Identifying where technology can help the workforce would be a useful part of the plan. Can we build capabilities quickly across the entire system that solves some of the stresses facing the workforce? PTLs (Patient Tracking Lists), for example, can be streamlined using relatively simple algorithmic decisions.
The technology is available, and the money is in the system. But do we have the moral and clinical aptitude and willingness to undertake the necessary change management and pathway redesign? Or do current plans outsource the potential solution?
As the King’s Fund Pritesh Mistry and Toby Lindsay set out – with the right approach and organisational capacity, change is possible. If we can ‘build back better’ with the right skills and the right plans, then lasting and successful change can come.
The Hewitt review could change the landscape for 2023
Lasting change could be on the way (again) through the Treasury-led review of NHS regionalisation. Chancellor Hunt has asked former Labour Health Secretary Patricia Hewitt to advise on how integrated care boards and local NHS bodies can operate efficiently and with appropriate autonomy and accountability.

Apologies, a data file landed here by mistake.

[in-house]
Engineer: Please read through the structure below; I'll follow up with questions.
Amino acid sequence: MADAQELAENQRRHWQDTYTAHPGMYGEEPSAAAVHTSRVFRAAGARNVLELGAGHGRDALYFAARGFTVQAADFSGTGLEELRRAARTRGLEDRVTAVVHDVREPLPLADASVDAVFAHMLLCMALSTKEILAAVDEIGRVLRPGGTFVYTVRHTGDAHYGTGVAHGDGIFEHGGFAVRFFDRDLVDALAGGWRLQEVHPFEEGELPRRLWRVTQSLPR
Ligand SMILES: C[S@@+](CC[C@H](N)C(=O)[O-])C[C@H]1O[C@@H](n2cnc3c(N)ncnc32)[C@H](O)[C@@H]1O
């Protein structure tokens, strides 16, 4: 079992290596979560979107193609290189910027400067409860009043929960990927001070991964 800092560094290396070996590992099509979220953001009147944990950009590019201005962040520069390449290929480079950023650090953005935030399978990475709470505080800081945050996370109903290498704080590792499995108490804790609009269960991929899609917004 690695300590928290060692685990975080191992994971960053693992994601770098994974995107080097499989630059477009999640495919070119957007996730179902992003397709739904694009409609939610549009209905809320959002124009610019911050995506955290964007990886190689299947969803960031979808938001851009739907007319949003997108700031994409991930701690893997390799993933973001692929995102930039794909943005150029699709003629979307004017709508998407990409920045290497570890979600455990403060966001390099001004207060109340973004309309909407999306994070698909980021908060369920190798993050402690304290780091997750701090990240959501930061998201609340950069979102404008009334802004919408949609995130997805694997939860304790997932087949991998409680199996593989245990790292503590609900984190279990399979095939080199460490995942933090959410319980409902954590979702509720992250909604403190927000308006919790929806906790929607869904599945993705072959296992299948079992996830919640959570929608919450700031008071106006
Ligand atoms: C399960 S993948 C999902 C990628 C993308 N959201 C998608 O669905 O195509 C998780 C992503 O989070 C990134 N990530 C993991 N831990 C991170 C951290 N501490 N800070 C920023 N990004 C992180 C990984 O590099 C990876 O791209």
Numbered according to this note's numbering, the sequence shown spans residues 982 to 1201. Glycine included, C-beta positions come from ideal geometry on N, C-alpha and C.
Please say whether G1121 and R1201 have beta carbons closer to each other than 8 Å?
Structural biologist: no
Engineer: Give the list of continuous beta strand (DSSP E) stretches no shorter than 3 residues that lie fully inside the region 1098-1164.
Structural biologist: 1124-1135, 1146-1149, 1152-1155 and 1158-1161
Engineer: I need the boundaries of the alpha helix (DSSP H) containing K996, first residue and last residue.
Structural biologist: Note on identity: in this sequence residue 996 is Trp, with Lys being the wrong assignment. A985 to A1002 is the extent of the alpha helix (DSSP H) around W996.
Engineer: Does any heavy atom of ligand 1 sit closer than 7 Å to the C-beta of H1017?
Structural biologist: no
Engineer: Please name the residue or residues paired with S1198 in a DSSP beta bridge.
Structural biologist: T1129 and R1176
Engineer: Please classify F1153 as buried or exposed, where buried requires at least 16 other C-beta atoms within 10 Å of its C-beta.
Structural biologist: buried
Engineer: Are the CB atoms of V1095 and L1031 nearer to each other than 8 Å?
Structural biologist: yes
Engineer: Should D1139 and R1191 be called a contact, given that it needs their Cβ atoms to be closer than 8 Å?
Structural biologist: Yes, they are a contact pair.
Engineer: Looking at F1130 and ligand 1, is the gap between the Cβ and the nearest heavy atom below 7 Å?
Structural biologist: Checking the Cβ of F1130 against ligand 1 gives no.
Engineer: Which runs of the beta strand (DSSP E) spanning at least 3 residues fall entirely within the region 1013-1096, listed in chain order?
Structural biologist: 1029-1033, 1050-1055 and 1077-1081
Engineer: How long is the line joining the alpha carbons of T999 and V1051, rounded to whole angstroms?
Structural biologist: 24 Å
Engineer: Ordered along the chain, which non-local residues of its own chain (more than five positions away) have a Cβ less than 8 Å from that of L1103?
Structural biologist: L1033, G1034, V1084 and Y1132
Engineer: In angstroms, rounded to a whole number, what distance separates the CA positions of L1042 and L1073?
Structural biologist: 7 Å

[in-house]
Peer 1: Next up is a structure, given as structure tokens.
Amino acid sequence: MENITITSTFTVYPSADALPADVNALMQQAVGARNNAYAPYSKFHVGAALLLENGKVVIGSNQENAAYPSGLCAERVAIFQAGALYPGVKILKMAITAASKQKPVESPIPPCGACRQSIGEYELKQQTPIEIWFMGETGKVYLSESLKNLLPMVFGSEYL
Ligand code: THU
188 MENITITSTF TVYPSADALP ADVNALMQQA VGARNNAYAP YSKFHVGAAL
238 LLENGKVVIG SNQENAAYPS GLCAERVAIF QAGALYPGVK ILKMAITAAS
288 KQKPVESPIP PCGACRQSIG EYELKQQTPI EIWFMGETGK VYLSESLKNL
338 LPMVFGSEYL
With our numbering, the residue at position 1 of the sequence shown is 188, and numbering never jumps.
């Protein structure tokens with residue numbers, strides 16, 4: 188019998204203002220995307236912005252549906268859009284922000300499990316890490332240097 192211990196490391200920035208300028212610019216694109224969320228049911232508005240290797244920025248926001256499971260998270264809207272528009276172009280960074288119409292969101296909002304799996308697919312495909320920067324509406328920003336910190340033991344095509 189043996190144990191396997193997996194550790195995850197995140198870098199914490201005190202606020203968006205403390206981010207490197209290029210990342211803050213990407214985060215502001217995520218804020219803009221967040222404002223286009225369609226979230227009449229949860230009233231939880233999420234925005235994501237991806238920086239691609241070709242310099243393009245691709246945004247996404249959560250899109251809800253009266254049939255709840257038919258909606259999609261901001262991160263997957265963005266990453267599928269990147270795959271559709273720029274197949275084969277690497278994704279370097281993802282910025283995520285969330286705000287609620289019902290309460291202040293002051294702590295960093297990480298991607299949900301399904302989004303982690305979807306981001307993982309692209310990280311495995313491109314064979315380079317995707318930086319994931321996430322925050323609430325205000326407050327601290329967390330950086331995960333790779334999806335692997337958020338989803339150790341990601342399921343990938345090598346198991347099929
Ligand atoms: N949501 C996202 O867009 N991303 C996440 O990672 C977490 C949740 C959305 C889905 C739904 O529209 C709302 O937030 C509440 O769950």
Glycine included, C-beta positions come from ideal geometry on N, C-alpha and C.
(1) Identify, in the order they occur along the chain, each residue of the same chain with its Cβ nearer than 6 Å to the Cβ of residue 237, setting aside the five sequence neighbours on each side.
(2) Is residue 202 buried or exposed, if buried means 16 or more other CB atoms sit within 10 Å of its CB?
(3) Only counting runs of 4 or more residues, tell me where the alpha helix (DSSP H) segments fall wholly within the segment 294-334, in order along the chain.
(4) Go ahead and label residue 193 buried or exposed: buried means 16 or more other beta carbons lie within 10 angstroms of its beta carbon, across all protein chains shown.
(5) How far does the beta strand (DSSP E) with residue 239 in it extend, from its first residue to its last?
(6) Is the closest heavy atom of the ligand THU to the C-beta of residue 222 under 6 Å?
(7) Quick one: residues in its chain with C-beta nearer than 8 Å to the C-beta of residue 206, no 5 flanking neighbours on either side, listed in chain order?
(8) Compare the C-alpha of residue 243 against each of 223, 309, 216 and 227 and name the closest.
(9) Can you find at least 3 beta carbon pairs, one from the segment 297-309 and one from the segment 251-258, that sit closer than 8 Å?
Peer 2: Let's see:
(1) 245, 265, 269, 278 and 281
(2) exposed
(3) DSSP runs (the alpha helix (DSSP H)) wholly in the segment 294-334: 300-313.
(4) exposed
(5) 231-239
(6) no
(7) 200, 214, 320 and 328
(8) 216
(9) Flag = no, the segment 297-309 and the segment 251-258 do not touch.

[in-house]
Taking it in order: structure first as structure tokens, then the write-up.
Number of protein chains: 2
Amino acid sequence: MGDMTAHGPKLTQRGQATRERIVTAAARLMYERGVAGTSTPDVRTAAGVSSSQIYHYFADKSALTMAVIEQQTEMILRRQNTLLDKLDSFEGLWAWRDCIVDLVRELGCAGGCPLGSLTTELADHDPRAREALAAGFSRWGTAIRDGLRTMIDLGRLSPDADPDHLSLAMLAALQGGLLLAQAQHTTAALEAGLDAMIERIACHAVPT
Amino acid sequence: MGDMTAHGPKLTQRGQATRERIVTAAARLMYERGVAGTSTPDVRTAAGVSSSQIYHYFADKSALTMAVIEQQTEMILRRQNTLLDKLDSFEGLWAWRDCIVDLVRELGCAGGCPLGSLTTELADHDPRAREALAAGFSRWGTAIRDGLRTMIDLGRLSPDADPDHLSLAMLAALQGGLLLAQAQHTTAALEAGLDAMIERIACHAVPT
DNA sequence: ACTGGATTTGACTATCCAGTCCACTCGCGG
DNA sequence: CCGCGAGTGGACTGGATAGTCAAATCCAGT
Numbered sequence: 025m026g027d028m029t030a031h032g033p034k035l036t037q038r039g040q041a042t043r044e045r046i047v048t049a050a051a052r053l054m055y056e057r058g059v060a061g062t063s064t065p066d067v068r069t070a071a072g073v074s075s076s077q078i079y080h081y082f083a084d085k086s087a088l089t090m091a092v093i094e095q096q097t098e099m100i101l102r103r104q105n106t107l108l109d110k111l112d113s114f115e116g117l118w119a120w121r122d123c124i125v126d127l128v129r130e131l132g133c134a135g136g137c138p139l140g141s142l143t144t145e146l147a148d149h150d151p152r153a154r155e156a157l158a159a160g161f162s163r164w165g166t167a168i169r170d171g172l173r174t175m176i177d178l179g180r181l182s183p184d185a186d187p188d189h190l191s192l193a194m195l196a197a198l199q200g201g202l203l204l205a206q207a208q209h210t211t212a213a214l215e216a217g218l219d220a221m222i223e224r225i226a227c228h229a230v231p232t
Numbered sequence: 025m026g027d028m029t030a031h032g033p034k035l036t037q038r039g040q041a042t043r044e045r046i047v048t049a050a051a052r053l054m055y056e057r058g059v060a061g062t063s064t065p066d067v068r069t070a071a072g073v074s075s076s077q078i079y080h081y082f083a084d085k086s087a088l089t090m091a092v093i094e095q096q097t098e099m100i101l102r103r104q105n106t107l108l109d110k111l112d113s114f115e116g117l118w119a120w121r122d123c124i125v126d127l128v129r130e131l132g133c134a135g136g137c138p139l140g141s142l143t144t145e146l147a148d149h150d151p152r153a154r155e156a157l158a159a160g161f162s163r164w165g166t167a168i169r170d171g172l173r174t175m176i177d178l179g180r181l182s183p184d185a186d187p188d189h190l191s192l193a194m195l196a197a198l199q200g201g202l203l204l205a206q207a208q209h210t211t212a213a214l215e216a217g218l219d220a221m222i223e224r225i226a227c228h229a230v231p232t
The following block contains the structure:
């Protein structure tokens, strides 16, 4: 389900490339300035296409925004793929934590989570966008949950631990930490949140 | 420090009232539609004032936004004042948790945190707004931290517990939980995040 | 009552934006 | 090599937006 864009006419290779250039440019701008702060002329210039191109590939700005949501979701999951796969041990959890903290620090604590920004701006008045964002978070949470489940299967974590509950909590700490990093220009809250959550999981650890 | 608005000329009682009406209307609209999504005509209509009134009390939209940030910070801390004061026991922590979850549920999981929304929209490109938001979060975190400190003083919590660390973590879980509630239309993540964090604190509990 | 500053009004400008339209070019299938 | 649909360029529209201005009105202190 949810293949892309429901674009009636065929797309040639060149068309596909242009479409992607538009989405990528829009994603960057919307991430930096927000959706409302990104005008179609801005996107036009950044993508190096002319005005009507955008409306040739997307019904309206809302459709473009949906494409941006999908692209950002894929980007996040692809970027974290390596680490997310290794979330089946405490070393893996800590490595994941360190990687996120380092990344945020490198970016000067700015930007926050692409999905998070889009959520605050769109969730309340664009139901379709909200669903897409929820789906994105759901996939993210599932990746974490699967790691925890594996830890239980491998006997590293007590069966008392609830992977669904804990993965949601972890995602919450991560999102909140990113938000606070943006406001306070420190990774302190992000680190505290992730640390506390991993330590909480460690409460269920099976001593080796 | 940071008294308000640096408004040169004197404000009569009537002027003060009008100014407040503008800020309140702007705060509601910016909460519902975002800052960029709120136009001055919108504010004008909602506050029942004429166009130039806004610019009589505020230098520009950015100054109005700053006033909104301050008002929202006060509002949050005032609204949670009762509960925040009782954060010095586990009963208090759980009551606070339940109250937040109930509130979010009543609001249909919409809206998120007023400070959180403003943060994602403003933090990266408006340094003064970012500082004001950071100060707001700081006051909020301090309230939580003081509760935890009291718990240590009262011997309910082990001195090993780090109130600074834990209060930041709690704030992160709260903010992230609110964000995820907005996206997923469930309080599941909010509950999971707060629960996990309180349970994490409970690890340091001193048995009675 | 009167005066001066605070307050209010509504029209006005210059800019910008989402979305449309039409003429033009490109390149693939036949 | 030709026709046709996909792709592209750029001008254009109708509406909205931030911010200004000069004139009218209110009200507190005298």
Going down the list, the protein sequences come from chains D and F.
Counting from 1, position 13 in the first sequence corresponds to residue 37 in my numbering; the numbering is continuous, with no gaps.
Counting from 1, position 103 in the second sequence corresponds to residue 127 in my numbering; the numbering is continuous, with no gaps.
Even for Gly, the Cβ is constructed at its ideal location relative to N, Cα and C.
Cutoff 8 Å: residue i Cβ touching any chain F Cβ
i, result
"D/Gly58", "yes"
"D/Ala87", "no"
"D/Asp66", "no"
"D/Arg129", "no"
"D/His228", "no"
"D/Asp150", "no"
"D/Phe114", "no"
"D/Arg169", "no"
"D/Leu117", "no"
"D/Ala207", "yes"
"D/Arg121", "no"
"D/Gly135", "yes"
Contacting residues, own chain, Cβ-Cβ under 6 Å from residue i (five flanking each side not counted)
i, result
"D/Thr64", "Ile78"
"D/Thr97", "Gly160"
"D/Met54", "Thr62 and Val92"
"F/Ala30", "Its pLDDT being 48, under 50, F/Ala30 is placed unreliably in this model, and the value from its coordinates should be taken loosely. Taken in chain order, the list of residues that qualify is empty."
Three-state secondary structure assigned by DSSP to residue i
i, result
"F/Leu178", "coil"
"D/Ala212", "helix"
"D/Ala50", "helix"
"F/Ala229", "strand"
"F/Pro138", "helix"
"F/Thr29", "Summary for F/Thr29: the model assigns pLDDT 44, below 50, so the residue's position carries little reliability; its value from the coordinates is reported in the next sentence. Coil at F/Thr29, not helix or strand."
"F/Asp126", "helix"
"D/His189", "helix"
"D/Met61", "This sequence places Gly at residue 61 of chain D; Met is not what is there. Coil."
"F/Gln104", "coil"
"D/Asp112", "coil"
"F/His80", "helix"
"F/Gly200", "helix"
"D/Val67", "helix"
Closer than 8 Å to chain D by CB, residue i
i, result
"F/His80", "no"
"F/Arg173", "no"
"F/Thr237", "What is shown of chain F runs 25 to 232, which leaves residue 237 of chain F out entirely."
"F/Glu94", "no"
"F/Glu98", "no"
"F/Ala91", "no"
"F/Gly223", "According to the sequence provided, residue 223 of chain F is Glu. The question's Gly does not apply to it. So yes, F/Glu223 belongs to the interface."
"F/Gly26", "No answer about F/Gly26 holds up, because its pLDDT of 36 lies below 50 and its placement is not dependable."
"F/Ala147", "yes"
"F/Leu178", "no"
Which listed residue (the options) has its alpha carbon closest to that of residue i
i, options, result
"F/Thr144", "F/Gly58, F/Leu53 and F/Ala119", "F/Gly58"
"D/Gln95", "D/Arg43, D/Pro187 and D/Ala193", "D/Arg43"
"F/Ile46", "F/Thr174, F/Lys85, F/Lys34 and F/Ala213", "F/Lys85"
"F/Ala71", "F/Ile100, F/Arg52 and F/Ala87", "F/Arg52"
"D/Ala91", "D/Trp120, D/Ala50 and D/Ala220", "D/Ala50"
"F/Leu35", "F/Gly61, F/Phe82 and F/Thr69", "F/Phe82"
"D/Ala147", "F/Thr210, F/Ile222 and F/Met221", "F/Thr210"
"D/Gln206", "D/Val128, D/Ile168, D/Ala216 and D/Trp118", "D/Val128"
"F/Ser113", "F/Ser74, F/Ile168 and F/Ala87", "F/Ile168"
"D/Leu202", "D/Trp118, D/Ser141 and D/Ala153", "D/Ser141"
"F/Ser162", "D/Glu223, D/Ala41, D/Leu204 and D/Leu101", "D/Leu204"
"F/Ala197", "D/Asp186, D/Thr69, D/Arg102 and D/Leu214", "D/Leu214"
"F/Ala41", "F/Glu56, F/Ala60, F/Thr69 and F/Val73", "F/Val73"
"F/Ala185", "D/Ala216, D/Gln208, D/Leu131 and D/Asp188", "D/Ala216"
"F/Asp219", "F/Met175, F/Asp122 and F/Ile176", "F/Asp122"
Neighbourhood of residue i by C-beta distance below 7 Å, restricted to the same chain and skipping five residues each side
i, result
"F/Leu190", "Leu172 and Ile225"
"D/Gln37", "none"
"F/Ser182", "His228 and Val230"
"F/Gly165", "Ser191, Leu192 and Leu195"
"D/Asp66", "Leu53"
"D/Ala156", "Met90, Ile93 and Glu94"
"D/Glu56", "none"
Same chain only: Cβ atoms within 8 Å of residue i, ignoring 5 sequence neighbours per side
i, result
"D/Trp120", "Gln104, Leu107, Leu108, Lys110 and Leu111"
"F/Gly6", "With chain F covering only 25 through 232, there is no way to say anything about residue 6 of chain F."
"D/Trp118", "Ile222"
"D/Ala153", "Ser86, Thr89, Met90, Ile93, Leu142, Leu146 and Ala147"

With Hunt in control of the cash, the HSJ forecasts the Hewitt review could mean less red tape and more power to regions and CQC, and a beneficial focus on outcomes.
What will this mean from a technology perspective? We know that Hewitt is chair of Norfolk and Waveney ICS, which in 2018 was the least digitally mature in the country.
Since then, the region’s hospitals have engaged in some high profile developments such as virtual wards and advances in the region’s digital journey have recently been praised by national representatives. Meanwhile an outdated IT system has been linked to a patient’s death at a Norfolk hospital.
What this means for the role of technology is not yet clear. Hopefully the region can progress its EPR plans forthwith. National plans are yet to emerge. Whatever happens next, we know that the NHS workforce will do its level best to carry on providing the best possible care, whilst having to respond to the latest ideas for change.